What are we training Postgraduates for?

By Edson Charikinya and Julie McFarlane (Article published in the Postgraduate Times Stellenbosch University publication)

Becoming an academic has long ceased to be the only or even the primary motivation for students pursuing postgraduate studies

Stellenbosch University

“I remember fondly my last year at University just before I got my first degree. If anyone told me I would be coming back for another degree I would have told them that they have gone completely bonkers!”  This is how Dr Wustner, researcher at SU Centre of Process Engineering, recalls his last days as an undergraduate engineering student almost 15 years ago.
“I couldn’t wait to embark on a working career,” he laughs. Dr Wustner did not expect that he would be back after only six months at work , applying to do a Postgraduate Master’s degree in Engineering.
So why did he come back?  “I just didn’t know how to solve most of the problems that I was coming across in industry”.  All the theory and technical skills he had learned in his undergraduate studies simply had not prepared him enough to solve real world problems.
Even though today Dr Wustner is a career researcher, his initial motivation for further studies was to better his skills and career prospects as a professional engineer.
Becoming an academic has long ceased to be the only or even the primary motivation for students pursuing postgraduate studies.
Annette Van Niekerk is a psychiatrist and psychoanalytic practitioner now doing her MPhil in Ancient Cultures. “I want to broaden my understanding of the human psyche.” she says.
Many students believe that having a postgraduate qualification improves their chances in the market place, both in finding a job or in getting promoted.  “This wasn’t’t part of my career path,” says Tinashe George Tendayi, an MSc Engineering (Industrial) student from Zimbabwe, “but it gives me a competitive edge as far as employment opportunities are concerned.”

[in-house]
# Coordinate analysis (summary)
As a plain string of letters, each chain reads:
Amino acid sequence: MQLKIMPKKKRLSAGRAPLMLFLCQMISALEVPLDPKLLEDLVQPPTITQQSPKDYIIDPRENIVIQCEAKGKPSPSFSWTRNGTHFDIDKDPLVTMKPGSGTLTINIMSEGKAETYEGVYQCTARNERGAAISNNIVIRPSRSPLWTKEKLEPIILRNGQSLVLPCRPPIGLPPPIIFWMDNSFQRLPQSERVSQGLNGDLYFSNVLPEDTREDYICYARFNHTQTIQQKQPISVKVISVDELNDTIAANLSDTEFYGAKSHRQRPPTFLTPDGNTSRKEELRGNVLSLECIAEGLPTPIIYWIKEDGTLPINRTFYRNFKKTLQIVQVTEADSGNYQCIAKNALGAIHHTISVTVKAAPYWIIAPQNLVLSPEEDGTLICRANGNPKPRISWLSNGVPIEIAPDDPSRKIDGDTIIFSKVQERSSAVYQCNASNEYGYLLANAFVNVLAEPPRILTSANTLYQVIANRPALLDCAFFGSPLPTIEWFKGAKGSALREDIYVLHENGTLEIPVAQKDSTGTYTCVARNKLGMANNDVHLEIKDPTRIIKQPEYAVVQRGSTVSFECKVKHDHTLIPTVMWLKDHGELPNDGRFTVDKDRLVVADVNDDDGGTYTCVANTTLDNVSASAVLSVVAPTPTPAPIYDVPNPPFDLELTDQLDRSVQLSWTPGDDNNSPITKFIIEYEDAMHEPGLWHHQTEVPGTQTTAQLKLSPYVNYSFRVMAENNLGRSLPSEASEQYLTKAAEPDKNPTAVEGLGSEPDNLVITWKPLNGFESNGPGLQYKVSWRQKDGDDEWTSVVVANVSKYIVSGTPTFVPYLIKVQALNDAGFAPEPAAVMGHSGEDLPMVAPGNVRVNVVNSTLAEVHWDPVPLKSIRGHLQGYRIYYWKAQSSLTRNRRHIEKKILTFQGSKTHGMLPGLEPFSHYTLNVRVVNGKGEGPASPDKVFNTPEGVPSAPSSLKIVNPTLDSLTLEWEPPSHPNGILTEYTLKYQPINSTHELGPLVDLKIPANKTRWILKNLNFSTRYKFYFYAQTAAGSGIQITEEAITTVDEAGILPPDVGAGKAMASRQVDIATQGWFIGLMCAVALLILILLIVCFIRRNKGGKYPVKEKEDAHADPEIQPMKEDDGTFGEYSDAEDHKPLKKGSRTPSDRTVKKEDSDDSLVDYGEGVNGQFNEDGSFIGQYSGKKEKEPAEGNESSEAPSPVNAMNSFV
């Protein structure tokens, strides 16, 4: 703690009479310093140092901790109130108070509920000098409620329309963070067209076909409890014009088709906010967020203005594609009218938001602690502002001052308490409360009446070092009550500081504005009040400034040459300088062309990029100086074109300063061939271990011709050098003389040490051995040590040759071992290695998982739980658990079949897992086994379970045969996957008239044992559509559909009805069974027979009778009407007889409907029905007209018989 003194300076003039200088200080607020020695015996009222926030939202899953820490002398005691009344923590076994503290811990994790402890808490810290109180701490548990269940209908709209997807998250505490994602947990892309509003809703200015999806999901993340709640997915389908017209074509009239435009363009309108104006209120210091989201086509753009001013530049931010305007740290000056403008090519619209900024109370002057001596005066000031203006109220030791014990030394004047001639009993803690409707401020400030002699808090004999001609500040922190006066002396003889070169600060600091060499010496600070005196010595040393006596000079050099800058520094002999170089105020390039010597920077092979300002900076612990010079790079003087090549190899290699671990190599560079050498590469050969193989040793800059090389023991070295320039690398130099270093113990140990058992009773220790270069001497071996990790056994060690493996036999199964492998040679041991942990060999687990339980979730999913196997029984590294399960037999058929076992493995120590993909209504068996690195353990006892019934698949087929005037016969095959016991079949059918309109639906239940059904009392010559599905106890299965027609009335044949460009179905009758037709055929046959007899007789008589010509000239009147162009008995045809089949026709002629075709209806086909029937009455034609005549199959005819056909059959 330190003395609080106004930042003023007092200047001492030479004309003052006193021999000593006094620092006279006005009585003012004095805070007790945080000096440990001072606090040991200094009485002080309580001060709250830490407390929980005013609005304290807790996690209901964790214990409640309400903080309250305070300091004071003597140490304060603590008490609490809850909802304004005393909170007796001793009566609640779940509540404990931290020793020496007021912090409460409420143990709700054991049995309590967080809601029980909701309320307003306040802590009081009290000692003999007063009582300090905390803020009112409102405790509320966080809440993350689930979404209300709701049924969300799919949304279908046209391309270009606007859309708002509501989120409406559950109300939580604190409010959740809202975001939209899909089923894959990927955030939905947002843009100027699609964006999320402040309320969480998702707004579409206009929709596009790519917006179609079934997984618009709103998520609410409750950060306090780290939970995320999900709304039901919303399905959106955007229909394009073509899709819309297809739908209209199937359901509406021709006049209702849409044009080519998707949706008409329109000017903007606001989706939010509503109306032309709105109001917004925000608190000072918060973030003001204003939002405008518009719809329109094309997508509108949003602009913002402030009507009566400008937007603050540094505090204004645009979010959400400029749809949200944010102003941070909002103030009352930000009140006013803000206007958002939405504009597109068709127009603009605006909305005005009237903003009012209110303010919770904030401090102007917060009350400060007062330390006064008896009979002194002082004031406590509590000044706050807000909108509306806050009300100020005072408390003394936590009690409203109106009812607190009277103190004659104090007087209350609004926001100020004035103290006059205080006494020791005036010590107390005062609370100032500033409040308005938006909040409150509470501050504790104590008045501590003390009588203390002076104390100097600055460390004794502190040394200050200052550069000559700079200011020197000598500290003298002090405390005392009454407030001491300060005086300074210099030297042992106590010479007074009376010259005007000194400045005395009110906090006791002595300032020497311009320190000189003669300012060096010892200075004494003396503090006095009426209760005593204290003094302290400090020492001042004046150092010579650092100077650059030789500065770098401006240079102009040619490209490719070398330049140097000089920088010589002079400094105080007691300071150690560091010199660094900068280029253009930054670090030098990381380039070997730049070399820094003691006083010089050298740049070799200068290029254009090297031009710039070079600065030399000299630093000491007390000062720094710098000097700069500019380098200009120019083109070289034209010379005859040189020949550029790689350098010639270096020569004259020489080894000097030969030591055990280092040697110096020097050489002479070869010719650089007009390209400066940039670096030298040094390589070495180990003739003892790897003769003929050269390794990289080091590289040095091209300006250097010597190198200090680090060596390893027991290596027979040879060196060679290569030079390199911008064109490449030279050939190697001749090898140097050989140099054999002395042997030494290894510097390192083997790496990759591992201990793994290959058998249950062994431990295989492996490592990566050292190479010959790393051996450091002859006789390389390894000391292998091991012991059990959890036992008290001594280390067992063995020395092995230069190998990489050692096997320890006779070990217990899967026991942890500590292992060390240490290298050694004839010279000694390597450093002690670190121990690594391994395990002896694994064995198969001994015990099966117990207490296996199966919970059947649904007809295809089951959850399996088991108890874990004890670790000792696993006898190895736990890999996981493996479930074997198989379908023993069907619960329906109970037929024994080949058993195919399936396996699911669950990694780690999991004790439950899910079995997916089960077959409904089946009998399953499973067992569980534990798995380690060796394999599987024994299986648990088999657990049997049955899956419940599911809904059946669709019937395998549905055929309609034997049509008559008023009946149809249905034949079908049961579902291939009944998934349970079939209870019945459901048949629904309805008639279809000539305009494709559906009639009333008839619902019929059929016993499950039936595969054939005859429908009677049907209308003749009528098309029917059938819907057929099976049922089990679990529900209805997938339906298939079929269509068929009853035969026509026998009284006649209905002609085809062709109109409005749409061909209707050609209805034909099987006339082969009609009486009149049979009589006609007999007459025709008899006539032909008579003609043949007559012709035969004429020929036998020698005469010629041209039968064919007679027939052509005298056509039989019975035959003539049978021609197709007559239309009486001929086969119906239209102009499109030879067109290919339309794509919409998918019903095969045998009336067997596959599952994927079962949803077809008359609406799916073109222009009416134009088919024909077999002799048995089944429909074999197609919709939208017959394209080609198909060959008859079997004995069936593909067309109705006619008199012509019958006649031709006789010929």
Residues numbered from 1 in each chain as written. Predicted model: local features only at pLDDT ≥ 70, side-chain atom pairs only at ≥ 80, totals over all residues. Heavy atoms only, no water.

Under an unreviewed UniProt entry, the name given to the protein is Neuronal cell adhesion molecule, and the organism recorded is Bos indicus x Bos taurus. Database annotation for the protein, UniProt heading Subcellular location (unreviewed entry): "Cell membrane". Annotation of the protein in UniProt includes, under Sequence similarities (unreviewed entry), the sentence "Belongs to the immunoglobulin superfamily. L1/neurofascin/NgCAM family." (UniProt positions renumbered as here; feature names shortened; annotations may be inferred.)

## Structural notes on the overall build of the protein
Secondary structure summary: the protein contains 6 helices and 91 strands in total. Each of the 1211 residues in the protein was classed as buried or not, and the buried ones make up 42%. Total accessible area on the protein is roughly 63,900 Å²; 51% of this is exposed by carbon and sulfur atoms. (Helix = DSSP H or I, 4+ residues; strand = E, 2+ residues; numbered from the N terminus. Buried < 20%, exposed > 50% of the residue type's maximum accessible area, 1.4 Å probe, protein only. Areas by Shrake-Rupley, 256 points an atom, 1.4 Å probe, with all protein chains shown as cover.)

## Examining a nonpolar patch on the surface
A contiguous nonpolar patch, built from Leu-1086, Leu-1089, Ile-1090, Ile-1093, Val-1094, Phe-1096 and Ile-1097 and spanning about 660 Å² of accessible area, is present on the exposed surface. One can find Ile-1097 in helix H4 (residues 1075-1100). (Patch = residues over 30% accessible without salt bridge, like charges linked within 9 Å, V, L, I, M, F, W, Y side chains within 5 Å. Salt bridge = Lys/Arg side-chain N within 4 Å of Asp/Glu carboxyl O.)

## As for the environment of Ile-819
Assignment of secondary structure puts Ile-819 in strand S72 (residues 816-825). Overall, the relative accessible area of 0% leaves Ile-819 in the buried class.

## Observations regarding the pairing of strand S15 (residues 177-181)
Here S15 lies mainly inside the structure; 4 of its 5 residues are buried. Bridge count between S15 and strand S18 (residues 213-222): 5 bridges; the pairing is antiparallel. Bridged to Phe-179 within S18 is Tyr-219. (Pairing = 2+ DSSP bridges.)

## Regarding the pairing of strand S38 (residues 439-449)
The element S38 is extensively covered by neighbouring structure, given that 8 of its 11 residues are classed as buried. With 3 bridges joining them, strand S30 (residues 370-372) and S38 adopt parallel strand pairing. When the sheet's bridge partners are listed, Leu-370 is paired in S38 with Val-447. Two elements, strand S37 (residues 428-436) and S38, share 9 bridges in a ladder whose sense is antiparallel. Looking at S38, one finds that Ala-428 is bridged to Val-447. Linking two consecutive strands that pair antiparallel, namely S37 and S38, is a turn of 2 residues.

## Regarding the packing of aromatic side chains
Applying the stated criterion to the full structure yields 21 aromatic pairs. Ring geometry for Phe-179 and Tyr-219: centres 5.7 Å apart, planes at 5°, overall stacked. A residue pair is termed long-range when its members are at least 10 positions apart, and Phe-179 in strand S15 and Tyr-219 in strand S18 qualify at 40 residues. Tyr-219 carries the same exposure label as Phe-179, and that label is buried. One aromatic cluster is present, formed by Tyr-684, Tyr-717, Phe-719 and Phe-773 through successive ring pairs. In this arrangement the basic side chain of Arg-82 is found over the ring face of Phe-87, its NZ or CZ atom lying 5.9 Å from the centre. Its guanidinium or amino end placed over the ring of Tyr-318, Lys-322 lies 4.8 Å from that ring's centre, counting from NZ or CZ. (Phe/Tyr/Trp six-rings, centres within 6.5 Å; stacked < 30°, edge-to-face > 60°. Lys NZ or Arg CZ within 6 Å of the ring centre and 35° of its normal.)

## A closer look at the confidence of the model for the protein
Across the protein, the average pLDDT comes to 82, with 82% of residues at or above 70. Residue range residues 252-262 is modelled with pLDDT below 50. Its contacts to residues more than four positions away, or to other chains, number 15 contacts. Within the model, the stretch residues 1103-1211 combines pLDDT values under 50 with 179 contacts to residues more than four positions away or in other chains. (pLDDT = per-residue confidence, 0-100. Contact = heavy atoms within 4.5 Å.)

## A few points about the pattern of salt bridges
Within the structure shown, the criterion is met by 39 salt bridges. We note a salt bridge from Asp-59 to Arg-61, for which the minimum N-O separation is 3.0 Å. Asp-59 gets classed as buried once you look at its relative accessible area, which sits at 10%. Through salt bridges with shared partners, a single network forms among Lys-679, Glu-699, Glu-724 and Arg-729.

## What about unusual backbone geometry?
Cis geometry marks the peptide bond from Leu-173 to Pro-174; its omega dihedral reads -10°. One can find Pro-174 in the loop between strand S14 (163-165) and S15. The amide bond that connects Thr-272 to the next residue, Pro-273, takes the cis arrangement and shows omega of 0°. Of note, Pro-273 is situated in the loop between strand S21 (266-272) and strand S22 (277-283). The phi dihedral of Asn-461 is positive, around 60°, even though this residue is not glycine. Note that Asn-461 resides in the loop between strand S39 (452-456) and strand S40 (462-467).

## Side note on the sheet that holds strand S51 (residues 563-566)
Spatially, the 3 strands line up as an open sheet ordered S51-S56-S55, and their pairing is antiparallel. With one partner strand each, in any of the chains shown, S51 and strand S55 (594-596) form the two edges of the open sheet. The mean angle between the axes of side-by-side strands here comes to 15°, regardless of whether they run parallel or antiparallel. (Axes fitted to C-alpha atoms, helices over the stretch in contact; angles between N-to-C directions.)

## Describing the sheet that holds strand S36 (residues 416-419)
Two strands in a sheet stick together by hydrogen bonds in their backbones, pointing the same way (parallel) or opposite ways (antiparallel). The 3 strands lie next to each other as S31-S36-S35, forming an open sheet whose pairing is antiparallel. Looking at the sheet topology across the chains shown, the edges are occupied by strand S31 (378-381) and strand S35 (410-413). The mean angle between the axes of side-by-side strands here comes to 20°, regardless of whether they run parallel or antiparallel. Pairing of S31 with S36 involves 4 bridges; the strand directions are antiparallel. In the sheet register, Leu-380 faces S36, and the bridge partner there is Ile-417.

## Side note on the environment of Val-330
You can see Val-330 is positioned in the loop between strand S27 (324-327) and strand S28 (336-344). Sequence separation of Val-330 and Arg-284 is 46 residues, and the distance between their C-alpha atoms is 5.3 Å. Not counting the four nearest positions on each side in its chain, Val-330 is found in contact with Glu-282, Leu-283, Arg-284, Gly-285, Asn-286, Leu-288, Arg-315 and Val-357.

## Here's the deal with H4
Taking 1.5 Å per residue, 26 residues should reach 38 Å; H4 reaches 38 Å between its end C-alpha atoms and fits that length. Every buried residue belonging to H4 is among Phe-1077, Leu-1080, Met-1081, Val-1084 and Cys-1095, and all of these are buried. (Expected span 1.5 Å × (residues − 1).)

Others use postgraduate studies to take their careers to the next level.  Izelda Swanepoel has taken a break from work to study an MBA.  “I believe this degree is the best single degree that I can do to qualify me for what I need to do”, she says.”
And as competition in the job market increases, many do not stop at Master’s level. Lusanda Mtshotshisa is studying Masters in Lay in the department of Mercantile law, is now considering doing her Doctorate in law. ““It seems preferable to do all my studying now whilst I still can get away with it rather than go out to find work only to want to come back and study again”.
2 recent studies, one conducted by the Centre for Research on Science and Technology (CREST) and another by Dr Chaya Herman from the University of Pretoria have shown that even at Doctoral level, there are many reasons apart from preparing for an academic career why students pursue doctoral studies. These include expected earnings increases and career prospects outside academia.
 But is a PhD adequate preparation for managerial positions outside of academe? The USA, Australia and more recently the UK have seen the rise of “the professional doctorate”, with a structured taught component. But South African Doctoral degrees with the large research component expected by the higher Education Qualifications Framework, are still structured to reflect the traditional concept of the PhD as training for academia.
Even if the development of professionals and managers outside of academia might not currently be the explicit aim of postgraduate training, students feel that at least some workplace skills are the outcome of their postgraduate experience.
Cindy, a PhD Psychology student explains, “My postgraduate studies have taught me three valuable lessons. One, I am able to do most things I set my mind to. Two, persistence pays off. Three, I may not start out with all the knowledge on a subject, but I’ve certainly developed the skills to gather any knowledge that I may need for any application.” Similar sentiments are echoed by Foibe, a Masters student in Process Engineering, who says her postgraduate studies have prepared her well in “research work, problem solving, and time management.”

Certainly skills employers in any field would value highly.